National labor and gay rights controversies come home to roost for Chicago-based Hyatt
(Chicago, IL) – Just six months after becoming a publicly traded company, Hyatt Hotels (NYSE: H) is already facing sharp criticism at home in Chicago and across North America. Today, over one hundred religious leaders and hotel workers held protests outside Hyatt’s first annual shareholders meeting at Hyatt McCormick Place, outraged at how the company is trying to make the recession permanent for workers despite significantly improving industry conditions and Hyatt’s rising share values.
A delegation of over 40 Chicago-area religious leaders went to confront Hyatt’s top decision makers at the shareholders meeting.
Inside the meeting, a former Hyatt housekeeper from Boston, who was fired in August 2009 and replaced by an outsourced worker making minimum wage, appealed to Hyatt’s owners and top executives directly. Together, they called on Hyatt’s majority owners and Chicago’s wealthiest family, the Pritzkers, to not leave workers behind as the company moves forward. Last November, in one day the Pritzkers cashed out over $900 million as part of Hyatt’s Initial Public Offering.
The demonstrations signal a deepening crisis for Hyatt among its core constituencies, including Hyatt workers, religious organizations across the country, and gay rights activists, who fault Hyatt for courting LGBT customers while refusing to sever ties with Doug Manchester—a Hyatt owner and key funder of the initiative to ban gay marriage in California. Today, workers and community allies held simultaneous demonstrations protesting Hyatt in Chicago, Vancouver, Honolulu, San Francisco, and Los Angeles. In city after city, Hyatt has used the economy as an excuse to roll back benefits for its hardworking employees and lock workers into a recession for years to come.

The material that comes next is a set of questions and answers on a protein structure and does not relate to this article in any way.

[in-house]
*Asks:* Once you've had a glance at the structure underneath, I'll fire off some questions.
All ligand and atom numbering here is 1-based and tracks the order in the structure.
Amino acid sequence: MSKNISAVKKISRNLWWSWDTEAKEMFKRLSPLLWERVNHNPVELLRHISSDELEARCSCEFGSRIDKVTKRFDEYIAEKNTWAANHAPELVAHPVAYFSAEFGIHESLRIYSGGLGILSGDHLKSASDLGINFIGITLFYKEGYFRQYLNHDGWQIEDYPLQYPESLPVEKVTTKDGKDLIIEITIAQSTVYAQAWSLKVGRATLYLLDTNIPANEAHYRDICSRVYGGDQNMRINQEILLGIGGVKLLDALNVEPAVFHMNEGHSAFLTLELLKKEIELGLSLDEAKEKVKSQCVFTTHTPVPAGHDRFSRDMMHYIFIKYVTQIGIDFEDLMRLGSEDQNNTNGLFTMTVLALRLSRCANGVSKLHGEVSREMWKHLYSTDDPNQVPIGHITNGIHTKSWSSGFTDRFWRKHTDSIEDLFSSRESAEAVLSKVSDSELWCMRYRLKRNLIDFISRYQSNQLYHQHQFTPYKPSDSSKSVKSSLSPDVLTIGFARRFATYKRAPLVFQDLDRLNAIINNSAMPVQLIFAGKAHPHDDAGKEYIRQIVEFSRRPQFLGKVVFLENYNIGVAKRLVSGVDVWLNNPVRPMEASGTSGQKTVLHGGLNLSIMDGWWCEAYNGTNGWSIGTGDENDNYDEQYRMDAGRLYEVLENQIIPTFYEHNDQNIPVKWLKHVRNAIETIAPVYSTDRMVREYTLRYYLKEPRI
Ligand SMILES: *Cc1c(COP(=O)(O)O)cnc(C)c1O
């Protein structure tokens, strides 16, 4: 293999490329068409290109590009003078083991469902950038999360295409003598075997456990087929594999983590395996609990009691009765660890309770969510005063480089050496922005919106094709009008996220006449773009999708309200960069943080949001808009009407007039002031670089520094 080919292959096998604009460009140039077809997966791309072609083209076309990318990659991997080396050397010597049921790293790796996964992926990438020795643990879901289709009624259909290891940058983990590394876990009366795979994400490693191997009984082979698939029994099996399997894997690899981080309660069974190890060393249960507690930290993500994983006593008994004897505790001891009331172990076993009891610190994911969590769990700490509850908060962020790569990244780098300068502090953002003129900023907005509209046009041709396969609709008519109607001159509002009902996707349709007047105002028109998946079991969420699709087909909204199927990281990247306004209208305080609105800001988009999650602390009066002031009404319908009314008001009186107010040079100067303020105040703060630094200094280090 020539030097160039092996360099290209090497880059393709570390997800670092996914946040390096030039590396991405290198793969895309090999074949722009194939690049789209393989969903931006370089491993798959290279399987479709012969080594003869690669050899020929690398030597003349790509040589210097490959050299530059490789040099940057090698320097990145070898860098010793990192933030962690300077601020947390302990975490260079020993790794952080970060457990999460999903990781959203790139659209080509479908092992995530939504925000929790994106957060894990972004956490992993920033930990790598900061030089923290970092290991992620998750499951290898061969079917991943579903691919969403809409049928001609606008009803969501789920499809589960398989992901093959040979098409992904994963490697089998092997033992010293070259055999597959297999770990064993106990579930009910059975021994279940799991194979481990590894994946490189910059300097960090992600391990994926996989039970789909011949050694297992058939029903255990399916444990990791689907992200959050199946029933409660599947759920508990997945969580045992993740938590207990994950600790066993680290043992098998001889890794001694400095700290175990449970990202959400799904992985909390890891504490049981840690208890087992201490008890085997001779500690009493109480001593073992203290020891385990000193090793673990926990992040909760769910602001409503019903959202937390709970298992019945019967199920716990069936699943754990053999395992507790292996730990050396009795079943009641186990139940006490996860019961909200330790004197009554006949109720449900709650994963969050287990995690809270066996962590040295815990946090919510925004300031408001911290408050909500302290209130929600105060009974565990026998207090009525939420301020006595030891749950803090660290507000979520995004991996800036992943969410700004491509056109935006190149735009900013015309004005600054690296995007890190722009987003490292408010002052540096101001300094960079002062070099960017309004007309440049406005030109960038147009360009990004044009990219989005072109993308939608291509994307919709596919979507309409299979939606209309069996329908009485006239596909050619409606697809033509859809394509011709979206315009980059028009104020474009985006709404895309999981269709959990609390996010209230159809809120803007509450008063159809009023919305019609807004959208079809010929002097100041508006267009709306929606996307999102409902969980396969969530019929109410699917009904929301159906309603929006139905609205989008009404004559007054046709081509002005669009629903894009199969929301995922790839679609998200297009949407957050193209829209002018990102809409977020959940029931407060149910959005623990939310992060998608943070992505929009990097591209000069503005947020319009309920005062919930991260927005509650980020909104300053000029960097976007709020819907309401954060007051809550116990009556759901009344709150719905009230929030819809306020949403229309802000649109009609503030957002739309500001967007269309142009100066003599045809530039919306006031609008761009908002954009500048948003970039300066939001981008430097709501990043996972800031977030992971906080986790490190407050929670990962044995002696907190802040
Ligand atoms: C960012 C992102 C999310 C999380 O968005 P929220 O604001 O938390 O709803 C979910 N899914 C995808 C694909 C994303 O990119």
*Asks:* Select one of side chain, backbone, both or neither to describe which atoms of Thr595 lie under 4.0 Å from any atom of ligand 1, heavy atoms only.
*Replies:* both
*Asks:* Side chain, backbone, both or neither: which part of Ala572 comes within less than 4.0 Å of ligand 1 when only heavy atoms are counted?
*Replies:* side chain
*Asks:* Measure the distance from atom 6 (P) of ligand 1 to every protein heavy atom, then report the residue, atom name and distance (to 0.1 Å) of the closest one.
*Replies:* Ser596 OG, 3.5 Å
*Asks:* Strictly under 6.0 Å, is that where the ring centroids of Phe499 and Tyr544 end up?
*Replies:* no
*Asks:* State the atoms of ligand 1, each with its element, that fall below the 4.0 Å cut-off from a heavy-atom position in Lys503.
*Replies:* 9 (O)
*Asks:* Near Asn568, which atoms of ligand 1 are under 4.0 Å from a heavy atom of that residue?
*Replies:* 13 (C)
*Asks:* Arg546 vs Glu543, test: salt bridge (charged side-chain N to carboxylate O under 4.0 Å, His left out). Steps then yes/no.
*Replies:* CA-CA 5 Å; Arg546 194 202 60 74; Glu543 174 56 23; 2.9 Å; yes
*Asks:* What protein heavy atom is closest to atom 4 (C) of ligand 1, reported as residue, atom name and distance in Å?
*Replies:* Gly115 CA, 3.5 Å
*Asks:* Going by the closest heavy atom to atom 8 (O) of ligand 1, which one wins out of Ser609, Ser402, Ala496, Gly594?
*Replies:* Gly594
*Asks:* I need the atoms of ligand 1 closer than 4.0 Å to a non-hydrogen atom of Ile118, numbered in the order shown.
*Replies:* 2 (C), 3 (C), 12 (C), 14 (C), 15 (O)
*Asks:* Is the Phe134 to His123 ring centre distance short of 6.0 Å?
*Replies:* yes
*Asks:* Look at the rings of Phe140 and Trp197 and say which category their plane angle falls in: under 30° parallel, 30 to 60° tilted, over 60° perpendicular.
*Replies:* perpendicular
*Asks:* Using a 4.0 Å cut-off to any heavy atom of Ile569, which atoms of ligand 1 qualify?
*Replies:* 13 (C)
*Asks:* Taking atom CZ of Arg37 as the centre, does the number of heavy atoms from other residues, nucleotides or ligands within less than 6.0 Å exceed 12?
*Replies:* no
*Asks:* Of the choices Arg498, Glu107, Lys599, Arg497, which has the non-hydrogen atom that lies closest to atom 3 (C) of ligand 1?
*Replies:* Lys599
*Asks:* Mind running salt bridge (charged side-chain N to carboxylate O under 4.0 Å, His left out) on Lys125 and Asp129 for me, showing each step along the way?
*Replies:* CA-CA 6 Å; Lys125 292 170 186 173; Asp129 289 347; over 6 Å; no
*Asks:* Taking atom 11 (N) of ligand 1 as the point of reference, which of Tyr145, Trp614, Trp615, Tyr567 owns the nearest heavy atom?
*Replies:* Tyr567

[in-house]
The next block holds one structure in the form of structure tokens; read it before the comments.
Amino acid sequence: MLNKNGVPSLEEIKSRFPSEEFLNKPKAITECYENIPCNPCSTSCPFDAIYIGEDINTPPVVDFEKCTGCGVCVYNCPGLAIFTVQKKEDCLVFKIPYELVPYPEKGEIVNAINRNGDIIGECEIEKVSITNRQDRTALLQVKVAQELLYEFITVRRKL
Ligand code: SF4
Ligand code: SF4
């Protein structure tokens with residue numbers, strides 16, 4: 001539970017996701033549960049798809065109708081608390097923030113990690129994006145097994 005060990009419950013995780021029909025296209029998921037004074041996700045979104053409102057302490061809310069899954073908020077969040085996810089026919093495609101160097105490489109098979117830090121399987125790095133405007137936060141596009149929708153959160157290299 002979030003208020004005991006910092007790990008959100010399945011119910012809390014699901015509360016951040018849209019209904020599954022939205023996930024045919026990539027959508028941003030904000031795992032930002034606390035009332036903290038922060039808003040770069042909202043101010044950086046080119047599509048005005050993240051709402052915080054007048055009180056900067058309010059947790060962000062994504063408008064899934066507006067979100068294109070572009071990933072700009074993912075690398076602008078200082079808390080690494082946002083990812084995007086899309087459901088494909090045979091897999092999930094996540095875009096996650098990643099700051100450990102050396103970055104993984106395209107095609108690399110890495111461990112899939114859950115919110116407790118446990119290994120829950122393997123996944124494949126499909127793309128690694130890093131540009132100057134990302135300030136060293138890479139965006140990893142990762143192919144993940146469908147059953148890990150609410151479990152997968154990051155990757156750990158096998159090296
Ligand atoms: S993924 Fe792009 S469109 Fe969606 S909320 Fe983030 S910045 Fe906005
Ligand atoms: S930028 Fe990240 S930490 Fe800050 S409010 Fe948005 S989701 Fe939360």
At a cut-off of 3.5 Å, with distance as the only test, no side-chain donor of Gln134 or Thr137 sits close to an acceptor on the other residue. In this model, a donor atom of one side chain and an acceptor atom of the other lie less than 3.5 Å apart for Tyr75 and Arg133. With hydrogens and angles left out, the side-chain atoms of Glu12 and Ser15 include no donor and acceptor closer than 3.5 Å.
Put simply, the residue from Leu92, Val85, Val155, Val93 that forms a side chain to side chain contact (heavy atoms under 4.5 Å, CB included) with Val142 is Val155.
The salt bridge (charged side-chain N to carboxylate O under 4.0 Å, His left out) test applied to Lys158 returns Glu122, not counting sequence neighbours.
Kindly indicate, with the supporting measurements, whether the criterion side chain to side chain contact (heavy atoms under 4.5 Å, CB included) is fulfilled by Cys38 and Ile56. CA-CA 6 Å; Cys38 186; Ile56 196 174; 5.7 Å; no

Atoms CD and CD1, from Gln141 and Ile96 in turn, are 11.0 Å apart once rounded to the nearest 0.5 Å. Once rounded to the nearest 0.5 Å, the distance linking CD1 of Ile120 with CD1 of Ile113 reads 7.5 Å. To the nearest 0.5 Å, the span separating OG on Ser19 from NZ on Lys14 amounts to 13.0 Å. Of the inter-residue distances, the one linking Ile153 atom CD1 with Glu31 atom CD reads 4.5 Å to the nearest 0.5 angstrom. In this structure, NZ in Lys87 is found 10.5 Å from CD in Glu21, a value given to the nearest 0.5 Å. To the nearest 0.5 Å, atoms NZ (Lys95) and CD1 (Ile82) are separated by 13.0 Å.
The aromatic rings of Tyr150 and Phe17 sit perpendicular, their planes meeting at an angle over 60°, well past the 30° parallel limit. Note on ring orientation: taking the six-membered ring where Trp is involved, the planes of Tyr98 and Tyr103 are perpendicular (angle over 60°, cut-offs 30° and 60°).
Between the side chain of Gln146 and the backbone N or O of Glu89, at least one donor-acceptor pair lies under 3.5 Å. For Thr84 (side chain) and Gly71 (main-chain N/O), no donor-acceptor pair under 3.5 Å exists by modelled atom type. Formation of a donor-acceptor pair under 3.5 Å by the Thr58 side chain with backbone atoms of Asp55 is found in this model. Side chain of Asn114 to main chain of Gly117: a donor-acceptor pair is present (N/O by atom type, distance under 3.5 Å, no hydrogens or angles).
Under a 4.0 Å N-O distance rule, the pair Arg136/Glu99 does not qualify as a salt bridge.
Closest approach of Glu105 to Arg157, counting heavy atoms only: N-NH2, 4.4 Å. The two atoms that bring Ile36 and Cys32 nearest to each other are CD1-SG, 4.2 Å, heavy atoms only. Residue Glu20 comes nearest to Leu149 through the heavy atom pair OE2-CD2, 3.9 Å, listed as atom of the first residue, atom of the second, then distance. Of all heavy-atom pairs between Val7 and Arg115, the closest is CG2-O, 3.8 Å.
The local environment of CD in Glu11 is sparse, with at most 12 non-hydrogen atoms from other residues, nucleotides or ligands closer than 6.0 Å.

On Tuesday, June 8, four hundred hotel workers at the Hyatt Regency in San Francisco went on strike, and protests in Chicago come just days after hundreds of workers at the Hyatt Regency Chicago walked off the job in protest of worsening working conditions at Chicago’s largest downtown hotel. Hyatt also sparked a national controversy in 2009, when in Boston, Hyatt fired all of its housekeepers (approximately 100 of them), replacing them with subcontracted workers being paid minimum wage.
“I gave my body—everything I have—to that hotel, and Hyatt disposed of us like we were trash,” said Lucine Wiliams, who worked at the Hyatt Regency Boston for 21 years, before Hyatt fired her on August 31, 2009. Williams traveled to Chicago and participated in the shareholder’s meeting as a proxy, where she appealed directly to Hyatt’s top decision makers.
Nationwide, the hotel industry is rebounding faster and stronger than expected, with a hearty rebound projected in 2011 and 2012. In the six months following Hyatt’s November initial public offering Hyatt’s shares were up over 65% (IPO on 11/5/09 at $25; 5/5/10 traded at $41.86). Despite these trends showing a strong recovery for the hotel industry, hotels are still squeezing workers and cutting staff. While this marks a trend involving several major hotel companies, Hyatt is the starkest example.
“Hyatt has become an emblematic obstacle to our nation’s economic recovery,” says Rev. Calvin S. Morris, Ph.D. and Executive Director of the Community Renewal Society, who led a delegation of dozens of religious leaders into the shareholders meeting. “I’m here today with leaders from many congregations and many faiths to send a message to Hyatt’s owners that we will not sit idly by as Hyatt locks hardworking housekeepers, dishwashers, and doormen into a recession, while one of the wealthiest families in America gets wealthier.”